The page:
Uber is having problems with countries banning its service and it blames journalists writing nasty stories about them.
Now a senior executive at Uber suggested to Buzzfeed the company should consider hiring a team of opposition researchers to dig up dirt on its critics in the media.
Emil Michael is specifically keen to spread details of the personal life of a female journalist who has criticised the company.
Michael said he made the comments in a conversation he believed was off the record. In a statement through Uber Monday evening, he said he regretted them and that they didn’t reflect his or the company’s views.
Uber’s relationship with the media and the image of its management team, is not the best. They have been cast as insensitive and hyper-aggressive.
Michael, who has been at Uber for more than a year as its senior vice president of business, told of his plans at a dinner party attended by an influential New York crowd including actor Ed Norton and publisher Arianna Huffington. The dinner was hosted by Ian Osborne, a former adviser to British Prime Minister David Cameron and consultant to the company.
At the dinner, Uber CEO and founder Travis Kalanick made the case that he has been miscast as an ideologue and as insensitive to driver and rider complaints, while in fact he has been building a transformative company.
Michael said talked about spending “a million dollars” to hire four top opposition researchers and four journalists to help Uber fight back against the press. Apparently they would look into “your personal lives, your families,” and give the media a taste of its own medicine.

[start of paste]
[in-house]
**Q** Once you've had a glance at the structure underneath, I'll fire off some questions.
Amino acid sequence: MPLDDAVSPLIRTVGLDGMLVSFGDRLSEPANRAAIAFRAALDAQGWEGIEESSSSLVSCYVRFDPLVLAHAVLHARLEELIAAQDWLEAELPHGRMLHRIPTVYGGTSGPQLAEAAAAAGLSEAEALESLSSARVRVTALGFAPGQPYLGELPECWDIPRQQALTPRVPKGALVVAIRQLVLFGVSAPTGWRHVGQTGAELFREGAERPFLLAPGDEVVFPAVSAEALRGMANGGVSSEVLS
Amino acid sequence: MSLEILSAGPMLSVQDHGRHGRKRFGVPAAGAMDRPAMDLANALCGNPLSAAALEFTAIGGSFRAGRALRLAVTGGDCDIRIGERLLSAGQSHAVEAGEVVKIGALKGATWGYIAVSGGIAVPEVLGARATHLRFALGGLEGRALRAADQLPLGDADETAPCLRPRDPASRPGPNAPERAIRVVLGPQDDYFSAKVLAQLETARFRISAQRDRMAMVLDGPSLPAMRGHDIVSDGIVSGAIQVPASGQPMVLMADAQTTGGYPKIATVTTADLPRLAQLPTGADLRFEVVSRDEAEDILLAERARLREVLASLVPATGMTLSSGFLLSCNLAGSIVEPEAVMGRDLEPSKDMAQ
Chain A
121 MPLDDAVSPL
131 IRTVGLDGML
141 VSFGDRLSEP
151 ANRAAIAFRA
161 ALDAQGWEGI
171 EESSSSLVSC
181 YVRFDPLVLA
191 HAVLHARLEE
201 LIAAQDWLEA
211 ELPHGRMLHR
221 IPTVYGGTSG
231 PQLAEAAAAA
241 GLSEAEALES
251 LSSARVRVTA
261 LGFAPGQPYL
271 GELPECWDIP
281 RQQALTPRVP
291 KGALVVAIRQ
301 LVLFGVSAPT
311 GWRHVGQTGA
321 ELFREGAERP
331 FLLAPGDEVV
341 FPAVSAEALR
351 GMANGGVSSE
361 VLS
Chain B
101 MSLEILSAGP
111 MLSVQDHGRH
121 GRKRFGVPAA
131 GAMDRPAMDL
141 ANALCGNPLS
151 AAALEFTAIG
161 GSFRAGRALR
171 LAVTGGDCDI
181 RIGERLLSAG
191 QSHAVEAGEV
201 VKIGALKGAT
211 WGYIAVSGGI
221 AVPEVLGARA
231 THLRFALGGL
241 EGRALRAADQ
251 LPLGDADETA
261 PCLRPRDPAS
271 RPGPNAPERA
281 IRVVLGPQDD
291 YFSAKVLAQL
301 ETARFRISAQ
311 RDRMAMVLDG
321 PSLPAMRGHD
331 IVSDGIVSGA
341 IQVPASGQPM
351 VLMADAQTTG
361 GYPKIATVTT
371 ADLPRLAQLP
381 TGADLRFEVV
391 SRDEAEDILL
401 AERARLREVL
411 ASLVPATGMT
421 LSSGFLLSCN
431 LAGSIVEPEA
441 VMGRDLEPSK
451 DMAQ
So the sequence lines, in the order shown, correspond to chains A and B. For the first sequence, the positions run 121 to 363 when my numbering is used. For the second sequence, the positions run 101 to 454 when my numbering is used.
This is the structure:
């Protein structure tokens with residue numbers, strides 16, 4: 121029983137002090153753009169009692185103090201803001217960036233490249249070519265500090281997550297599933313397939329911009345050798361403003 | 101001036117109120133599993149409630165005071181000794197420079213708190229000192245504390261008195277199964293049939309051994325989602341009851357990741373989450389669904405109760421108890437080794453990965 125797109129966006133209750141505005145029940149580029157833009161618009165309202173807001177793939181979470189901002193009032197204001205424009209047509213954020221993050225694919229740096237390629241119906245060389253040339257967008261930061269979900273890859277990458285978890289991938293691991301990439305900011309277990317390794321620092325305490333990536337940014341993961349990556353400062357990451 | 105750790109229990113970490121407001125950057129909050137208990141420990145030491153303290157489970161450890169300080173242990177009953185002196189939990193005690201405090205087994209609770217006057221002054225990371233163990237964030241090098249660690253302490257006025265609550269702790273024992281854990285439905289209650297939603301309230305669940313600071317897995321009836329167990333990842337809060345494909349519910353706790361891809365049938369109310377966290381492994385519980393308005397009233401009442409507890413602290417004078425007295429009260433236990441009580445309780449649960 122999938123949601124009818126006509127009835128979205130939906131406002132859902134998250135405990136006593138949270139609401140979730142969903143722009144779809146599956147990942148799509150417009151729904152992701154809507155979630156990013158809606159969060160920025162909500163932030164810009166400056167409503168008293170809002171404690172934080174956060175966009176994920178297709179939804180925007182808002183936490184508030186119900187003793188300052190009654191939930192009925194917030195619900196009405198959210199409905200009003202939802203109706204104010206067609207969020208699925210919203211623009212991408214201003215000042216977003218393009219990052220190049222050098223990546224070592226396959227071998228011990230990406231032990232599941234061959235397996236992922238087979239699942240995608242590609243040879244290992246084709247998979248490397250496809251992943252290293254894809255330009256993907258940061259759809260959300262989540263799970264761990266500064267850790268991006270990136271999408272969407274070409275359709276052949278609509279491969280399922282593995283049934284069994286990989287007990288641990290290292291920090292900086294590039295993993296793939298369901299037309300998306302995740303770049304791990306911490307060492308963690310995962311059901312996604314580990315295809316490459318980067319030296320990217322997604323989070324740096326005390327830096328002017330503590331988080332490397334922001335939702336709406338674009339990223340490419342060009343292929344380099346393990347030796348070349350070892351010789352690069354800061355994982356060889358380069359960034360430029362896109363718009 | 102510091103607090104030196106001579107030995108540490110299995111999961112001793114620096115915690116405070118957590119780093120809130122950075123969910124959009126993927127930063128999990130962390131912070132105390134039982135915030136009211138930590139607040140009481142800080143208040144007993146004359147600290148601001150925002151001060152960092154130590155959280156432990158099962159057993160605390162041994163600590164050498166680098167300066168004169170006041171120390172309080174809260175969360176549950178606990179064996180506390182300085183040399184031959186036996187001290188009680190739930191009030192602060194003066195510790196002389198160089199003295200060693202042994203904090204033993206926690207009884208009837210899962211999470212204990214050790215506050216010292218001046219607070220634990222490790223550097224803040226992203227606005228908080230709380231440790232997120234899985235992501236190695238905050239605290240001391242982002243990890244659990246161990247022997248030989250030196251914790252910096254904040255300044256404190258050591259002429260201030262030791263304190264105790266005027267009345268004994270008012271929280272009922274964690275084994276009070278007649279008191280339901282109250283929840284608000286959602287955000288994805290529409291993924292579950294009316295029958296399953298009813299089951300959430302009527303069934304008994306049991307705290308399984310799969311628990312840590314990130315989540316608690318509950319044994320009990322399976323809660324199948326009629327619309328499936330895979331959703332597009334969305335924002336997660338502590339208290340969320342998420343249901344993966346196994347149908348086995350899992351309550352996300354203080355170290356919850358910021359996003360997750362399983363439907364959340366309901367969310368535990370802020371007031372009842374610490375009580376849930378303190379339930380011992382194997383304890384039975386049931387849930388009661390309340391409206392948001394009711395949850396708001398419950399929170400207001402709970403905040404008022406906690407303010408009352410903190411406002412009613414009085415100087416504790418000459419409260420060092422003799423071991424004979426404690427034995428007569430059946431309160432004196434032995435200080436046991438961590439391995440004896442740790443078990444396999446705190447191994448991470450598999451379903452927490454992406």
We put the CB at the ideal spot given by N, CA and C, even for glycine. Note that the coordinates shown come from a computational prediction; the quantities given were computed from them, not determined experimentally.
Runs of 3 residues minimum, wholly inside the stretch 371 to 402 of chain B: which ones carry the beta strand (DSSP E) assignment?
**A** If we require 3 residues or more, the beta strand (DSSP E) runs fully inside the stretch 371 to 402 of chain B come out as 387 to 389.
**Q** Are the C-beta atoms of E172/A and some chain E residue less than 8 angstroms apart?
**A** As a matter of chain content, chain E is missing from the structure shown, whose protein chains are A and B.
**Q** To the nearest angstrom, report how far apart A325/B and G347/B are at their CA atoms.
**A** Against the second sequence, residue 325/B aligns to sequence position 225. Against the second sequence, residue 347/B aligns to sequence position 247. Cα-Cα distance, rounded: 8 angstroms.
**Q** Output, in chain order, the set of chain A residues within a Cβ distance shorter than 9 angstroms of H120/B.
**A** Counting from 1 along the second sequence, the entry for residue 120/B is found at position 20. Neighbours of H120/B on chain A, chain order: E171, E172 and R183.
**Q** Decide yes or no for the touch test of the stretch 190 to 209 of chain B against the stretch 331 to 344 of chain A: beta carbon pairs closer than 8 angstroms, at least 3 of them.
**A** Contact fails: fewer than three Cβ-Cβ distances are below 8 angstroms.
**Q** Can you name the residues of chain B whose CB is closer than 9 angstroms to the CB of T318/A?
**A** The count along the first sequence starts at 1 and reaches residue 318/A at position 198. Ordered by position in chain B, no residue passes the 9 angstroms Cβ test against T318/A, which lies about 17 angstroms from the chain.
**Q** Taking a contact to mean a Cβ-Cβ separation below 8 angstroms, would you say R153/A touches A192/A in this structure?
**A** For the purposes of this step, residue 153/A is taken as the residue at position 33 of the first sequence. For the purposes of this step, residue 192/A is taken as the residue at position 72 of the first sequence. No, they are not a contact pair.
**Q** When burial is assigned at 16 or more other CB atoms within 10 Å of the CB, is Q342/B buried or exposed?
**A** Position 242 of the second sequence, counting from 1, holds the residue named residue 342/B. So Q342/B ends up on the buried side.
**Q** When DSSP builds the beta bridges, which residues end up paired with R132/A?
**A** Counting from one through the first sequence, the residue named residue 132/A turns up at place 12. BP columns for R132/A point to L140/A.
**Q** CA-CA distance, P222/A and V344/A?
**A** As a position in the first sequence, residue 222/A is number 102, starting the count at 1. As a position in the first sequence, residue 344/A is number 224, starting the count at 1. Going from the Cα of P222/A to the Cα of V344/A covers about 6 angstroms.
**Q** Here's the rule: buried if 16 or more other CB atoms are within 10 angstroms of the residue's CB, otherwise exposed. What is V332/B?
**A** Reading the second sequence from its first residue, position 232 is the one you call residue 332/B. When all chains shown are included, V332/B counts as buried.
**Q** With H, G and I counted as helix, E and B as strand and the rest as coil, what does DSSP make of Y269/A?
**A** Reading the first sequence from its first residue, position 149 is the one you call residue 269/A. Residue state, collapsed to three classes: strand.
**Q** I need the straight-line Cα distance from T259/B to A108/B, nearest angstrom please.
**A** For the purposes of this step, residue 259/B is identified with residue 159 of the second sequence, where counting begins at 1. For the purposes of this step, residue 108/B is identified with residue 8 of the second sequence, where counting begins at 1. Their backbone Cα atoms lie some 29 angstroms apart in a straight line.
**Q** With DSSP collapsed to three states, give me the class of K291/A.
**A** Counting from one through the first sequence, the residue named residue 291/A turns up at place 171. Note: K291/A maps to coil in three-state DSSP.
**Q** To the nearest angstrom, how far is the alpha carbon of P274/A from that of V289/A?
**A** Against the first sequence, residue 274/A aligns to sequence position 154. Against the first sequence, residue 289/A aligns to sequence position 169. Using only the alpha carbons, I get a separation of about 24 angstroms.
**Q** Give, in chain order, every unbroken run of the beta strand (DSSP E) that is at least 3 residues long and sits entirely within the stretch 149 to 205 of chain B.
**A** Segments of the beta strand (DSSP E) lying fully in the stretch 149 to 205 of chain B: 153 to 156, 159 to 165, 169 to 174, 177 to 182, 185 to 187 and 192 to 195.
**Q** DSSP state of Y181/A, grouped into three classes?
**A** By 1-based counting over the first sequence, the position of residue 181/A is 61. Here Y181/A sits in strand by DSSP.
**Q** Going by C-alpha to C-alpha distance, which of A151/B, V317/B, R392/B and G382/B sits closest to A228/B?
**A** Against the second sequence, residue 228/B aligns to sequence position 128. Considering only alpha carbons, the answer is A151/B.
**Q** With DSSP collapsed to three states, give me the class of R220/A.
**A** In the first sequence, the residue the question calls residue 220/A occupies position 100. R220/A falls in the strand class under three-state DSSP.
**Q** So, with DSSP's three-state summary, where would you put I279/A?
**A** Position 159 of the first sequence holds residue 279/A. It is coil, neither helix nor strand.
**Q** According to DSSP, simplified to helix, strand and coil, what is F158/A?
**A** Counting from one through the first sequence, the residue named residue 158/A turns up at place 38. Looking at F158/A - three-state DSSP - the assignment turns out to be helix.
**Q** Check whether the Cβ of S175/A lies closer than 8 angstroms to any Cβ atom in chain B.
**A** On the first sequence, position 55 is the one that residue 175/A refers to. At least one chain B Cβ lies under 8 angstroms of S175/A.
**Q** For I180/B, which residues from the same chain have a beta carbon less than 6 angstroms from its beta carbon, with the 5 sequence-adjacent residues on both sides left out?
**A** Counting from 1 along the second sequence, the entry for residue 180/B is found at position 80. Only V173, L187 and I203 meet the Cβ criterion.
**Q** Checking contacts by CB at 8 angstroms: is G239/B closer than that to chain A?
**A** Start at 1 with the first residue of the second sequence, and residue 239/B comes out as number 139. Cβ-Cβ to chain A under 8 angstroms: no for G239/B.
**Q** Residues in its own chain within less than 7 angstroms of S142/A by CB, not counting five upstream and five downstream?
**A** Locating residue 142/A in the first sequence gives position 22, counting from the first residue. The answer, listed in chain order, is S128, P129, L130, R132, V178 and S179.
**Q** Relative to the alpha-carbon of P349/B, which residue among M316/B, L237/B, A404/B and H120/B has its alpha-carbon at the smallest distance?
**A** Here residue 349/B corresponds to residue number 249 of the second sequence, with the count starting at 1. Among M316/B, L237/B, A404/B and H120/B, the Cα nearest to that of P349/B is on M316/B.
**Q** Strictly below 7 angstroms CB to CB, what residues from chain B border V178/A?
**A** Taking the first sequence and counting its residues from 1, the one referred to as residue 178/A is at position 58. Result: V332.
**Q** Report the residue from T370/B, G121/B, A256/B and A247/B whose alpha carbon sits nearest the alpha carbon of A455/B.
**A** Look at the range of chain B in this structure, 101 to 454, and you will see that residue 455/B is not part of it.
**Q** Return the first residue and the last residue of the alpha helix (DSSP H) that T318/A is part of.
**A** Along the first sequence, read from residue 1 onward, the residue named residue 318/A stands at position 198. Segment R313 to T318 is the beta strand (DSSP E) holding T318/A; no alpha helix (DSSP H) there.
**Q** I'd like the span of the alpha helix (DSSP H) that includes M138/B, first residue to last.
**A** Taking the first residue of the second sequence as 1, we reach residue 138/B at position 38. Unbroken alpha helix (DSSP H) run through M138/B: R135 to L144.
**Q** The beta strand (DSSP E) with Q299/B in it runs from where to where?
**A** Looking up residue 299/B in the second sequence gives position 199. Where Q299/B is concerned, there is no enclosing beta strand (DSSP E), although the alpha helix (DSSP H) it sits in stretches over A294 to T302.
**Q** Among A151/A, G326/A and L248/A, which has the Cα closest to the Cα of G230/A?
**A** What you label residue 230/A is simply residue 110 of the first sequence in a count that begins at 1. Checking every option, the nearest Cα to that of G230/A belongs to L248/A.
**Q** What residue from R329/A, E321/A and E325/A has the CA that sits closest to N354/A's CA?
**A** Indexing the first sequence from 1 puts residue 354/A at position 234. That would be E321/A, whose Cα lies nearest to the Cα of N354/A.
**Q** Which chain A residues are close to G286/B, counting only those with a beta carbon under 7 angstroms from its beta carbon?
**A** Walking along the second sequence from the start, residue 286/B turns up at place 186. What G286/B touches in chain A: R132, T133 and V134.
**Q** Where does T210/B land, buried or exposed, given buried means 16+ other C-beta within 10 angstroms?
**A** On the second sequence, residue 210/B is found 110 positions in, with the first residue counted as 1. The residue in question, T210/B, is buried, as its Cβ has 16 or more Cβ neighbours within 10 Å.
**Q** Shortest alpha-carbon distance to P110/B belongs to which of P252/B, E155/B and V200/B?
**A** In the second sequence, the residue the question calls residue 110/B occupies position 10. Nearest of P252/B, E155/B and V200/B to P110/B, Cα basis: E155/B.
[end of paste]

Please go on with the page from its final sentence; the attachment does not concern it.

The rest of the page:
Michael was particularly focused on Sarah Lacy, the editor of the Silicon Valley website PandoDaily, who recently accused Uber of “sexism and misogyny.” She wrote that she was deleting her Uber app after BuzzFeed News reported that Uber appeared to be working with a French escort service. “I don’t know how many more signals we need that the company simply doesn’t respect us or prioritize our safety,” she wrote.
Michael was furious and said that women are far more likely to get assaulted by taxi drivers than Uber drivers. He said that he thought Lacy should be held “personally responsible” for any woman who followed her lead in deleting Uber and was then sexually assaulted.
Uber’s dirt-diggers, Michael said, could expose Lacy. They could, in particular, prove a particular and very specific claim about her personal life.
Michael at no point suggested that Uber has actually hired opposition researchers, or that it plans to. He cast it as something that would make sense, that the company would be justified in doing.